We can easily dispose of Mrs. Robinson's claim that Officer McLeod acted unreasonably when he shot Wrinkles. Robinson does not dispute that Wrinkles had bitten Officer Pezzat and had run out of the bathroom by the time McLeod began firing. Nor does she dispute that events unfolded quickly—within a matter of seconds. Even were a jury to credit Robinson's testimony that Wrinkles ran to her and collapsed on the floor, “[t]he calculus of reasonableness must embody allowance for the fact that police officers are often forced to make split-second judgments—in circumstances that are tense, uncertain, and rapidly evolving—about the amount of force that is necessary in a particular situation.” Graham, 490 U.S. at 396–97, 109 S.Ct. 1865. Given that Wrinkles bit Officer Pezzat hard enough to puncture her leather boots, McLeod's belief—just seconds later—that the dog continued to pose an imminent threat even absent additional aggressive behavior was hardly unreasonable. We shall thus affirm the district court's grant of summary judgment to Officer McLeod on this issue.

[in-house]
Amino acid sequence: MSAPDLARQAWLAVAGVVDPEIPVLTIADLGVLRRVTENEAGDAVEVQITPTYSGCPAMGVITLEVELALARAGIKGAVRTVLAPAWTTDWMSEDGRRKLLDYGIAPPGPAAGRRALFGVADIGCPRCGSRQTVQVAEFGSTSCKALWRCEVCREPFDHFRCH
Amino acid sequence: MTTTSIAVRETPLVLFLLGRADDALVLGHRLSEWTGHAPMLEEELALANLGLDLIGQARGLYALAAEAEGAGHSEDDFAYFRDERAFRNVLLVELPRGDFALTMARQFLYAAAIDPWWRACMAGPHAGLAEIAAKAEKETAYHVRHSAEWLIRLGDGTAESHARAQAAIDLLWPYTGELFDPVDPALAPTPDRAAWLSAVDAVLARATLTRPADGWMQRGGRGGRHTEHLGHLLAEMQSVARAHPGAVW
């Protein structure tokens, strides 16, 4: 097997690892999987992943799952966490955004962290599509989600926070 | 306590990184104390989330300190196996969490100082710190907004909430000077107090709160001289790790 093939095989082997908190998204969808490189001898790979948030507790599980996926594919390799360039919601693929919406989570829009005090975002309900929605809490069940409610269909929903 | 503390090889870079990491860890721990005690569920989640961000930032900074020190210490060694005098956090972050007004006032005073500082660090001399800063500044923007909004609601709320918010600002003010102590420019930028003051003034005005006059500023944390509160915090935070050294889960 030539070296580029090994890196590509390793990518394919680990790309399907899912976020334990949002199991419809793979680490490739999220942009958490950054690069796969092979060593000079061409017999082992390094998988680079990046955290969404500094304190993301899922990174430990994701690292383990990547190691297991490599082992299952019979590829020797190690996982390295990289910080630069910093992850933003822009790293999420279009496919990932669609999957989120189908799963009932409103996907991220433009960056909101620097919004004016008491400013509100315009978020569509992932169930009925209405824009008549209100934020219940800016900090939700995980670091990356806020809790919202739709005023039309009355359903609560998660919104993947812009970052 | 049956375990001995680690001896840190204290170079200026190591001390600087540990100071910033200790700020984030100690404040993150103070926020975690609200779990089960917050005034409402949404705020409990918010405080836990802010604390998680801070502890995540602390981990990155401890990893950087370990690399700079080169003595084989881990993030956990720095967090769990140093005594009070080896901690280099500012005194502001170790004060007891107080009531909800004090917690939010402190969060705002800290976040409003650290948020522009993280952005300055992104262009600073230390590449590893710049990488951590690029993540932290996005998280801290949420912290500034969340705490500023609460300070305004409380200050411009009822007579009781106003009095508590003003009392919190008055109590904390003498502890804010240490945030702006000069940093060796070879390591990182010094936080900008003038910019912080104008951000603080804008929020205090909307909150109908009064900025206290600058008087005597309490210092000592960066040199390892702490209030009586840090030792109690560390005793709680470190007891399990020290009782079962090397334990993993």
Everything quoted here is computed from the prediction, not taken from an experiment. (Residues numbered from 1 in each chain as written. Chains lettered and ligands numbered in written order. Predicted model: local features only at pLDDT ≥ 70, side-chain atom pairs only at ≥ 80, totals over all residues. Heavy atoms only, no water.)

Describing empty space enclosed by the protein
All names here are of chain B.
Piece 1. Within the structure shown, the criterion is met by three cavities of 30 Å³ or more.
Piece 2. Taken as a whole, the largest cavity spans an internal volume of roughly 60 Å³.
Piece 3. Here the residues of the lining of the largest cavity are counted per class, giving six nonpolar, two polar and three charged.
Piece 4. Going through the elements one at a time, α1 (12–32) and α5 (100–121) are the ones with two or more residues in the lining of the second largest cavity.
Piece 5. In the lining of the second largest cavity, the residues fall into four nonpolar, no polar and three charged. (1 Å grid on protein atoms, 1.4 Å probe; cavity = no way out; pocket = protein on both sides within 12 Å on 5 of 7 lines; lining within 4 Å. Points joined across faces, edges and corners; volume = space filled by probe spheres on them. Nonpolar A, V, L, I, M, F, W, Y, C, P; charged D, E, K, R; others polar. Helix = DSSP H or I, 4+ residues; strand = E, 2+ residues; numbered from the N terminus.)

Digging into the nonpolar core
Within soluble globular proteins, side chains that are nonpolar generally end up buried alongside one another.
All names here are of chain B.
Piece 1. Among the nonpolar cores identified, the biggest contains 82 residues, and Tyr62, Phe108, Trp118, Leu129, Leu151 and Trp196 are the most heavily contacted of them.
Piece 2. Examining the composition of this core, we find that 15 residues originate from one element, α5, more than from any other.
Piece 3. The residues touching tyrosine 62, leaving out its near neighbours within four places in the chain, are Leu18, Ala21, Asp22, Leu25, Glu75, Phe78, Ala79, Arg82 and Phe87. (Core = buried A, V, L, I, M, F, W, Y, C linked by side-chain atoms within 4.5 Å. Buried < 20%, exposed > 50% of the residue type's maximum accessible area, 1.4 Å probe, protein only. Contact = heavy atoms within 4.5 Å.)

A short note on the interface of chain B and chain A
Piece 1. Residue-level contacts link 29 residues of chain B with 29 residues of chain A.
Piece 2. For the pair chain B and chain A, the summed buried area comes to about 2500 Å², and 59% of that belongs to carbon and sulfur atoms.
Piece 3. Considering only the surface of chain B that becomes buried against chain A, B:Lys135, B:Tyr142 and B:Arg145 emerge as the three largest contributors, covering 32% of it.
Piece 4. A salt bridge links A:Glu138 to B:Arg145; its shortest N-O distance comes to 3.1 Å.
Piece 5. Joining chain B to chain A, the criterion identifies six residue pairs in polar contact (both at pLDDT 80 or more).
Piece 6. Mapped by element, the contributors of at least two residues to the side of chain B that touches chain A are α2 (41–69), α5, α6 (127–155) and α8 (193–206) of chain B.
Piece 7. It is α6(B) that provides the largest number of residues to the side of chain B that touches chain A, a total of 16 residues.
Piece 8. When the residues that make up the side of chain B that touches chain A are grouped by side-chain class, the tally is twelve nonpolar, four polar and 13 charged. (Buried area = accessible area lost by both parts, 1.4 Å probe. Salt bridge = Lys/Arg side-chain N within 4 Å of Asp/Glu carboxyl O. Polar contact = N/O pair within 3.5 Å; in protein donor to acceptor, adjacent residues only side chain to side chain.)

Mrs. Robinson's claim against the District requires a little more discussion. She argues that the District may be held liable for Pezzat's conduct under Monell because the MPD “failed to provide training to address a clear risk of constitutional violations” arising from dog shootings. Appellant's Br. 57. According to Robinson, this lack of training contributed to a constitutional violation because “the search team arrived at Mrs. Robinson's home with no plan to deal with any animals they might encounter” or “protocol for ensuring that each officer knew where Wrinkles was secured.” Id. at 64.